• Neighborhood Livability & Social Health 1.4: Advance equity for all, leading with race, so that a person’s identity or identities is not a predictor of outcomes.
  • Economic Health 3.2: Understand trends in the local labor market and work with key partners to grow diverse employment opportunities.
  • Safe Communities 5.1: Improve overall community safety while continuing to increase the level of public trust and willingness to use emergency services.
  • High Performing Government 7.3: Improve effectiveness of community engagement with enhanced inclusion of all identities, languages and needs.


You can find the 2020 Strategic Plan at the link below.

View the 2020 Strategic Plan

City staff have proposed several quantitative statistics to be used in evaluating the program:

  • Number of people receiving free legal advice or training
  • Number of people receiving direct representation (adults/children & case type)
  • Number of people able to lawfully remain in the U.S. due to representation
  • Number of people released on bond during the program compared past years
  • Number of referrals to the program by other participants
  • Percent of participants who feel they are safer due to the program
  • Percent of participants who are more knowledgeable about their pathways to citizenship or lawful presence after the program
  • Percent of participants reporting greater likelihood of accessing City or community resources due to the program

Yes. City Council began considering this issue in September 2020 and considered written and verbal public comment throughout the process. Overall, there were slightly more comments received by council that supported the creation of the Immigration Legal Fund.

Predominant themes that emerged from public comments in support of a municipal immigration legal fund were:

  • Desire for the City to demonstrate commitment to social justice and equity,
  • Concerns about the lack of due process afforded to immigrants facing deportation proceedings.
  • High cost of legal services as barriers to pursuing lawful pathways to citizenship
  • Effectiveness of other municipal immigration legal funds operating in Denver or other parts of the U.S., and
  • Effectiveness of having legal representation in immigration court.

Comments in opposition to municipal funding of immigration legal services largely reflected an underlying desire to limit immigration into the community.

Shared concerns of commenters included:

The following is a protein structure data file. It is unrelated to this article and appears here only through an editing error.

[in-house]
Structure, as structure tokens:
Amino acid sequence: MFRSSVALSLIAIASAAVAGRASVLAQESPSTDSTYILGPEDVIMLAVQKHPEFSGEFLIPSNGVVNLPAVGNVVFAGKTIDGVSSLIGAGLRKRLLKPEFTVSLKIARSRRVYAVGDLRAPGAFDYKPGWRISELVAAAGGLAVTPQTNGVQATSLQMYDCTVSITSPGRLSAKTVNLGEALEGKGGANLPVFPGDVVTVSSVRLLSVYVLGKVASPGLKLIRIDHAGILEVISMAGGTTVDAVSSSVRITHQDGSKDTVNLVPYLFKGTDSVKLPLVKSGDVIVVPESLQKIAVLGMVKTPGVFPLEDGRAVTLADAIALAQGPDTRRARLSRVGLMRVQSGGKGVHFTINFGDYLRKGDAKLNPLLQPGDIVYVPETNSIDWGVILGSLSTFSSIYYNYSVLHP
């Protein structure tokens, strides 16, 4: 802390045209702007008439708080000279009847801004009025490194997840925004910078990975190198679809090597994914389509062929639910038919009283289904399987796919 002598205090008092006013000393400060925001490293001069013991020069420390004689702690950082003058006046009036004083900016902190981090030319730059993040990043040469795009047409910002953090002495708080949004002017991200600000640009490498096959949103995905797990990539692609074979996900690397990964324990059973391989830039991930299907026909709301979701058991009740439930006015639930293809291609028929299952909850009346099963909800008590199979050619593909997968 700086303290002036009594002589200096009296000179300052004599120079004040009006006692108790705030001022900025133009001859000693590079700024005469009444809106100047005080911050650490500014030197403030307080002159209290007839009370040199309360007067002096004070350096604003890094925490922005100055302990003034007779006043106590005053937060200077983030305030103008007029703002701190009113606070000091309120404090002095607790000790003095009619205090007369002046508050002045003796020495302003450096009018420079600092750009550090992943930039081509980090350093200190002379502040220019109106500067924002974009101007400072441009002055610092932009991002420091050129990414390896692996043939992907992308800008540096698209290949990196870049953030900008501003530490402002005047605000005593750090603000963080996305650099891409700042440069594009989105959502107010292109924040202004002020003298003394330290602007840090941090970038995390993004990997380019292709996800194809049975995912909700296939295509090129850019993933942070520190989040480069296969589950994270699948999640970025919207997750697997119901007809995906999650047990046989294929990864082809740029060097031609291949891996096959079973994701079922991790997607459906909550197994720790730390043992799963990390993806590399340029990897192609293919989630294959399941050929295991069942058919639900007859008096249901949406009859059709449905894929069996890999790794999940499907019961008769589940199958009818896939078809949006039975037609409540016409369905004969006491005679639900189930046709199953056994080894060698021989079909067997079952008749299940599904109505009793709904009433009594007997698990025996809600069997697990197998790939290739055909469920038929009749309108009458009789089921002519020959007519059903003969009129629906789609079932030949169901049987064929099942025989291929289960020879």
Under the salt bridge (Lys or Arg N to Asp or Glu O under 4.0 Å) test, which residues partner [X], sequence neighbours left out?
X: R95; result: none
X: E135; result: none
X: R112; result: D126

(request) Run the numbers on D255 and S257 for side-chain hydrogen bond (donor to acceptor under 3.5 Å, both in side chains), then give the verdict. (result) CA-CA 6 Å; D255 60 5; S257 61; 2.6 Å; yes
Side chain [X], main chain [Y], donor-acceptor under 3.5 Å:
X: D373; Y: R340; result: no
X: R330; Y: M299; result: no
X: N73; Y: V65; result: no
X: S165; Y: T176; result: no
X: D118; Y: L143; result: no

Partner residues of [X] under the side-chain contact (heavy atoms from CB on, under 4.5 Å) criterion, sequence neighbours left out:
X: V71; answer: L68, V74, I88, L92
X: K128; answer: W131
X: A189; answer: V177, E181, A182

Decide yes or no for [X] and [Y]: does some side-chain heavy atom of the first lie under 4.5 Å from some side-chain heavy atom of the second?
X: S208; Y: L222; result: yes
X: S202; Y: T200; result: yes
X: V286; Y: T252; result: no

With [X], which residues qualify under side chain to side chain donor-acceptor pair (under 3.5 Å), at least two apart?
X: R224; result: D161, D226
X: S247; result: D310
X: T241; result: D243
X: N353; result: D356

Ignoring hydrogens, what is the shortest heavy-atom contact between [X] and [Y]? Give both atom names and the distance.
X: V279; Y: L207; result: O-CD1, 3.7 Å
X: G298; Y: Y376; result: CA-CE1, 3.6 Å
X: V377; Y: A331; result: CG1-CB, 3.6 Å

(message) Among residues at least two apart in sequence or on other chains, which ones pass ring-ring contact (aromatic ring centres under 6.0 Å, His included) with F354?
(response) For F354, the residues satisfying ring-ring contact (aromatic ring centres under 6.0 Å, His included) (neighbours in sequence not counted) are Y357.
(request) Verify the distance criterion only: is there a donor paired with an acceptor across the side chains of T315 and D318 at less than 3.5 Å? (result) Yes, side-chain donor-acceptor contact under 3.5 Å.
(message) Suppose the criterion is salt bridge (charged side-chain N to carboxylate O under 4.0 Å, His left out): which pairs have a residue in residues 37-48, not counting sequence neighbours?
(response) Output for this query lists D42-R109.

• Competition for jobs,
  • Belief that beneficiaries of these legal services have no lawful right to remain in the U.S. or have broken the law, and
  • Uncertainty about the role of the City in providing these funds with a preference for federal or nonprofit leadership in this space instead.
ILF Case Type Graph

From October 2021 through September 2022, the Immigration Legal Fund service providers assisted 97 people with direct legal representation in immigration matters. Including:

  • 62 adults (over age 21)
  • 35 child/youth age 5-20 years

Case types included:

U Visa - victims of crime

Asylum - victims of persecution or fear of harm or death upon return to home country

Special Immigrant Juvenile Status - abused, neglected, or abandoned children

Deferred Action for Childhood Arrivals - youth who arrived in the U.S. during a specified time period

Violence Against Women Act Visa (VAWA) - victims of domestic violence or crimes outlined in the Violence Against Women Act

T Visa/Office of Trafficking In Persons - victims of human trafficking

Lawful Permanent Resident Status - Permanent authorization to live in the United States as a non-citizen (sometimes known as “green card” residents)

Removal Cancellation - status adjustment by an immigration judge from ‘subject to deportation’ to ‘lawful admittance for permanent residence’ under certain circumstances

Detention/Deportation - persons detained and/or at risk of deportation with matters pending before an immigration court


For more information on the Immigration Legal Fund, contact:

JC Ward | Senior City Planner-Neighborhoods |

Leo Escalante | Program Coordinator |